School districts hire and pay corps members as regular beginning teachers, but use alternate routes to teacher certification. This arrangement allows corps members to teach without the education courses that are typically required of teachers in public schools. In many cases, they must take courses after they begin teaching. Teach for America has formed partnerships with school districts, states, and schools of education to enable corps members to take the coursework they need after they begin teaching.

Outcomes

Of the program’s alumni, some of whom were placed as teachers in 1990, 60 percent are still working full-time in education: 40 percent are teaching, and 20 percent are working in other positions in the field of K-12 education. In the latter category, for example, some alumni work in school or district administration, or in organizations that are focused on education reform. Other alumni are graduate students in education.

An independent evaluation of the effect of the program’s teachers on student performance in the Houston Independent School District was conducted in 2001 by CREDO, a research group based at the Hoover Institution of Stanford University. The evaluation compared Teach for America participants with all other new teachers recruited during the same years.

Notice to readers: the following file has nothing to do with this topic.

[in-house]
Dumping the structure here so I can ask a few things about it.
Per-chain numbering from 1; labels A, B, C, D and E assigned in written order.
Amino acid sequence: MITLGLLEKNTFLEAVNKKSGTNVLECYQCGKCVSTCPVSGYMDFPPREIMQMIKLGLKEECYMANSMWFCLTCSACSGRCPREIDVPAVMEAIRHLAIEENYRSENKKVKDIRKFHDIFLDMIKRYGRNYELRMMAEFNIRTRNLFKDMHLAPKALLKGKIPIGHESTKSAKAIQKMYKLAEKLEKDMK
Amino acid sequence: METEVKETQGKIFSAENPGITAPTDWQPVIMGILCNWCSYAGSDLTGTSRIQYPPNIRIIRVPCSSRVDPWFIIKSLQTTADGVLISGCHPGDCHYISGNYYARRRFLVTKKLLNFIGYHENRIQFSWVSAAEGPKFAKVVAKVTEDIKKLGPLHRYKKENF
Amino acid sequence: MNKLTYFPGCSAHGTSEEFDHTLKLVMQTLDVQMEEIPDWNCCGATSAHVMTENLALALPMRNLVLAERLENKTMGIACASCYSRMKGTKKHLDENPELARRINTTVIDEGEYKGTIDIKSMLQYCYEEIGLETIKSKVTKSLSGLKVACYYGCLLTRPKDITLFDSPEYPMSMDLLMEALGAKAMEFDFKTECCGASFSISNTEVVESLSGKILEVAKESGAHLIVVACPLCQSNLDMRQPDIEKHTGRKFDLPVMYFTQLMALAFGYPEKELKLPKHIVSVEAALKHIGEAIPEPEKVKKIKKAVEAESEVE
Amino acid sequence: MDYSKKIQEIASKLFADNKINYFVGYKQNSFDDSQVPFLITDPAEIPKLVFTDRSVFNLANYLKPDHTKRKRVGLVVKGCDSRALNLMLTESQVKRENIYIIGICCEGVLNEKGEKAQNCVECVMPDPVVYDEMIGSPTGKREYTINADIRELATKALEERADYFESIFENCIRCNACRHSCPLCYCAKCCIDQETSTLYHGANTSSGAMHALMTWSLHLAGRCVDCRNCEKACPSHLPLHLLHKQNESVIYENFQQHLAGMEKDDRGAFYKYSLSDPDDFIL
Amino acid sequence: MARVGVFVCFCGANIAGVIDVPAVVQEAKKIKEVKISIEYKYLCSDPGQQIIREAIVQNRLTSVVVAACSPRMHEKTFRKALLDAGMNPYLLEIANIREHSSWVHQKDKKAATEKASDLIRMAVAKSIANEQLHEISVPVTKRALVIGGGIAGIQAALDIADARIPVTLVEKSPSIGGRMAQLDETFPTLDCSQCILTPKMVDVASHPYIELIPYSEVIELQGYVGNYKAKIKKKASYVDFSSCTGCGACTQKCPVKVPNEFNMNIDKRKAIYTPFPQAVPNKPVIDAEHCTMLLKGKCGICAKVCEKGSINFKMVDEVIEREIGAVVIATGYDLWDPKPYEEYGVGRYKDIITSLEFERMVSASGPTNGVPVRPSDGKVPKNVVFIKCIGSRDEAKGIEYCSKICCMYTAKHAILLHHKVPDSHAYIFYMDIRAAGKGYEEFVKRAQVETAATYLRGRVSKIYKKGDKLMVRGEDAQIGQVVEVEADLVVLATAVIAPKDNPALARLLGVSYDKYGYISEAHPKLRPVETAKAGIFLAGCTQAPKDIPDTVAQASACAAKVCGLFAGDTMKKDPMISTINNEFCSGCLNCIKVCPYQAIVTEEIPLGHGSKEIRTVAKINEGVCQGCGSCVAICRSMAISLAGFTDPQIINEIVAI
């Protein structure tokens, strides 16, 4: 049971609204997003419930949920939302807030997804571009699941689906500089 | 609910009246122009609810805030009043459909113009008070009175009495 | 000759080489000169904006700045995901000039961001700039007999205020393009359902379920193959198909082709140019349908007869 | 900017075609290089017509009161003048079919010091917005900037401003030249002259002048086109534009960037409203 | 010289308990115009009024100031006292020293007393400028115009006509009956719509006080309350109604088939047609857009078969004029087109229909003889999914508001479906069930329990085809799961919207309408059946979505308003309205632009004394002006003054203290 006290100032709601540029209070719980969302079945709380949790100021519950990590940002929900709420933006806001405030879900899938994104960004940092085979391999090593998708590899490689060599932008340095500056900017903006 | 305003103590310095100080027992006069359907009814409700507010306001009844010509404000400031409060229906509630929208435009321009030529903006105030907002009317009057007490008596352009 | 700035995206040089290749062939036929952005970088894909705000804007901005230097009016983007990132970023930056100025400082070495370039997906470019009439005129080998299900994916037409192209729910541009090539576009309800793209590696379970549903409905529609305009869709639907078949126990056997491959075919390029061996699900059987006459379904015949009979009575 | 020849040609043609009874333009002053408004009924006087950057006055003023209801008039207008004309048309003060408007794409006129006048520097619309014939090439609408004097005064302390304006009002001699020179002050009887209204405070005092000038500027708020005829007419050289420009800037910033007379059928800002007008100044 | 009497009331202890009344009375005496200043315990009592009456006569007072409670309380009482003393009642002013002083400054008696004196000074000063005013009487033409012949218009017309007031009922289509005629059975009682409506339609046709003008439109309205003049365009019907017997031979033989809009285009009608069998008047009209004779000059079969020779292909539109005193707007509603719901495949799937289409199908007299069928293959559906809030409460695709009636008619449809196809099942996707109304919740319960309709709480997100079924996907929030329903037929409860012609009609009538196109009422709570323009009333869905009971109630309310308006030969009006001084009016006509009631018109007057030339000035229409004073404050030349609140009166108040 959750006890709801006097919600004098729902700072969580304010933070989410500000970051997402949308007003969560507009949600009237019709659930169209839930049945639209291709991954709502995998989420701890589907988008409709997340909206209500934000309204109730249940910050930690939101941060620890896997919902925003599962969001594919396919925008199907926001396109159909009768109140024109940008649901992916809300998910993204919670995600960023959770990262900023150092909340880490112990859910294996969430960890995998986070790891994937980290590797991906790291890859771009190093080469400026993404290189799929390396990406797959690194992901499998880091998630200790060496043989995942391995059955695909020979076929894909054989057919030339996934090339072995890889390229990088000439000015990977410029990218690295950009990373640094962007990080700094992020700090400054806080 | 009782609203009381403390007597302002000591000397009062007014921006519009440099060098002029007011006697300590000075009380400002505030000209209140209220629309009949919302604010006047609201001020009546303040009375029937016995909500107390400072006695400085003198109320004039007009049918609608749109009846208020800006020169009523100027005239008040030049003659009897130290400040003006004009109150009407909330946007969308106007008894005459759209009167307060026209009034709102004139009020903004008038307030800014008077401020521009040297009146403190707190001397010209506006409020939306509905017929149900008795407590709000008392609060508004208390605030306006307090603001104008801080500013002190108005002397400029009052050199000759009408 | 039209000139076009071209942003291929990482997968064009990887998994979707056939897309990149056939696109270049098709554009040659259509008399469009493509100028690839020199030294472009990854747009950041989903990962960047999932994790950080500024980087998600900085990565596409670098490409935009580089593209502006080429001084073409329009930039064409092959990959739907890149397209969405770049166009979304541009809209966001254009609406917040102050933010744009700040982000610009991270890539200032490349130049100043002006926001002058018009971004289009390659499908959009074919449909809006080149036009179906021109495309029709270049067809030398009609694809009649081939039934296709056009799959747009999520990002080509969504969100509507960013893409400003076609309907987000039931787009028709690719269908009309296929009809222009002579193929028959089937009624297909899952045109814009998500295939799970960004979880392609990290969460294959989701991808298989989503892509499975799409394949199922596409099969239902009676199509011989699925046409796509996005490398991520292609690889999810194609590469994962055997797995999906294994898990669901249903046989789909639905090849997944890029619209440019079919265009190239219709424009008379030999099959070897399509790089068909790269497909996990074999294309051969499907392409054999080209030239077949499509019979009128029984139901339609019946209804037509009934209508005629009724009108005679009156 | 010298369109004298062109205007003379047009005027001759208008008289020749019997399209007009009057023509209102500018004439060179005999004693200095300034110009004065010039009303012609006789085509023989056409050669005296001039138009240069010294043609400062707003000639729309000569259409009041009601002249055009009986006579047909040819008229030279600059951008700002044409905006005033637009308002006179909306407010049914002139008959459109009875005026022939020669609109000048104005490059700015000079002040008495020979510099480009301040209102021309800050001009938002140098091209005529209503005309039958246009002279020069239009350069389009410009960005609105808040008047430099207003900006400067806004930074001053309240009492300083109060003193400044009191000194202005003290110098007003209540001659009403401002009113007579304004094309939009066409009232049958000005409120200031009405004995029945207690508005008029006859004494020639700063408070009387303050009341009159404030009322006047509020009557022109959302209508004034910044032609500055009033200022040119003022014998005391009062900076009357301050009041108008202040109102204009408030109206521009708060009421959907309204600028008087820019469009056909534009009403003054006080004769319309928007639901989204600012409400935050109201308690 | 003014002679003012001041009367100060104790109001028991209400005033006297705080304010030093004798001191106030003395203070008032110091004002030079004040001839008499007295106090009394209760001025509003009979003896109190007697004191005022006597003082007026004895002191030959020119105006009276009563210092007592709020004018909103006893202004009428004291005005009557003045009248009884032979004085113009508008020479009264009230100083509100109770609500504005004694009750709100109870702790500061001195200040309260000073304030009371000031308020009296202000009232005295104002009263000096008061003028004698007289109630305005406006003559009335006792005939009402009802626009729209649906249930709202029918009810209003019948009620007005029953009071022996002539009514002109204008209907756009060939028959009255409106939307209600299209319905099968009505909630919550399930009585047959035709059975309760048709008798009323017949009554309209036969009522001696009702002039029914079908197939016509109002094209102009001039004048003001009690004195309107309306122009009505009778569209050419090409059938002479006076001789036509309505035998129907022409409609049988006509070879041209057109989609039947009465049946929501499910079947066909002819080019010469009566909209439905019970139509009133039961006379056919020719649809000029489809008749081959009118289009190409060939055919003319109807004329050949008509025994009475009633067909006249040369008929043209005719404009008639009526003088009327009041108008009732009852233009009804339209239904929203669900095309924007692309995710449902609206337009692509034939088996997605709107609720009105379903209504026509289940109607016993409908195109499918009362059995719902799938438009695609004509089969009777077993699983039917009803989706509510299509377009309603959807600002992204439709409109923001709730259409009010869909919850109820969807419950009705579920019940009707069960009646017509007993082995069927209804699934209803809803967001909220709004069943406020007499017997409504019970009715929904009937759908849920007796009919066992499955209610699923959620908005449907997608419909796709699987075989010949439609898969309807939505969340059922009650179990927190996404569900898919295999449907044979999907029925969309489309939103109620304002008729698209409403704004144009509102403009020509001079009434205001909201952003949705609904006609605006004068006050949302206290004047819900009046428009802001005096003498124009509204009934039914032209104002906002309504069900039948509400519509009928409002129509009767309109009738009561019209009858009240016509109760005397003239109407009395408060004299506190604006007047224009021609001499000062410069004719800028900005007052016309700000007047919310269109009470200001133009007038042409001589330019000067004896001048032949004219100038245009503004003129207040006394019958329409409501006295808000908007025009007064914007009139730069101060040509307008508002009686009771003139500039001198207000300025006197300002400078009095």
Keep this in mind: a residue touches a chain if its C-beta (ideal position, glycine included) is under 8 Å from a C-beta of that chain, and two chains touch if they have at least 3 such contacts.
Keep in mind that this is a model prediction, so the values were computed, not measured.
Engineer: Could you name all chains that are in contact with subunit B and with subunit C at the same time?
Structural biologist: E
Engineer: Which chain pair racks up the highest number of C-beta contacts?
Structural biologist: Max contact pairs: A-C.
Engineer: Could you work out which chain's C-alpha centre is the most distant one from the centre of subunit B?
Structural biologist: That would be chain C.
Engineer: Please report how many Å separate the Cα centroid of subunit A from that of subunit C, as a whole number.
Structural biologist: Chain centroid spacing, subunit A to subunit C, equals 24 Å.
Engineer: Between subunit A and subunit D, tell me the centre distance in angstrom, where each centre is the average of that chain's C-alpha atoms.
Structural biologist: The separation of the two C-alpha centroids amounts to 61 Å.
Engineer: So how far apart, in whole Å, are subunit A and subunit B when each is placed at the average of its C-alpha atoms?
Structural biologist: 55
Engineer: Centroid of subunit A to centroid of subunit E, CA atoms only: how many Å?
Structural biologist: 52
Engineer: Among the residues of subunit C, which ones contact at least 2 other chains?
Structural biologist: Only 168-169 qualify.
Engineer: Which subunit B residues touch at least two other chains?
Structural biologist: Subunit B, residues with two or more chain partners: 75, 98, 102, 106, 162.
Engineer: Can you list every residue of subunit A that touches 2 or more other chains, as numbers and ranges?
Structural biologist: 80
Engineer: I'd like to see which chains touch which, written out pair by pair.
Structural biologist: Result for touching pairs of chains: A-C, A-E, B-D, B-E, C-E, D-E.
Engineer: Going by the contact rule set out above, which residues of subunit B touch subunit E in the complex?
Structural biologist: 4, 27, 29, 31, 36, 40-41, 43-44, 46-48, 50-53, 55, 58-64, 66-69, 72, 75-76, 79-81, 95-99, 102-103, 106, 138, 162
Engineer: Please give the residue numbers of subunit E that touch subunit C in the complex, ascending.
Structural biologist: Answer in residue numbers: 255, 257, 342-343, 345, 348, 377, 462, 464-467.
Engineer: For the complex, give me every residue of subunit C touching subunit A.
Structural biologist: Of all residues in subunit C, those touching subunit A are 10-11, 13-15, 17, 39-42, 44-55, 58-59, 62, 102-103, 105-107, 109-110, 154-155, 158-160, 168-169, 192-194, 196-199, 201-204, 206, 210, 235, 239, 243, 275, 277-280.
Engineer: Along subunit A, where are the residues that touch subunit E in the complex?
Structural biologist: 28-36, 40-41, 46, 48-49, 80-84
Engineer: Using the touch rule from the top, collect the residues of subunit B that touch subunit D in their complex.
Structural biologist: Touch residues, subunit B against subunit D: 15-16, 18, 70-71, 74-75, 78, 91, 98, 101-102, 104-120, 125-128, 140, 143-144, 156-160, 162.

The evaluation reached three main conclusions (Raymond, M., et al, 2001):

  • The effect of having a teacher from Teach for America was generally positive. The positive effect appears to be largest in mathematics, in both elementary and middle school. Results in reading also were positive, but the magnitudes of effects were smaller.

  • The differences between the average Teach for America teacher’s and other teachers’ contribution to students’ perforamnce are generally not statistically significant.

  • TFA teachers as a group show less variation in quality than teachers entering from different routes.

The evaluation also indicated that the Teach for America teachers were more likely to hold a bachelor’s degree, were placed in more difficult classes, and were less likely to leave after the first year than were the other teachers.



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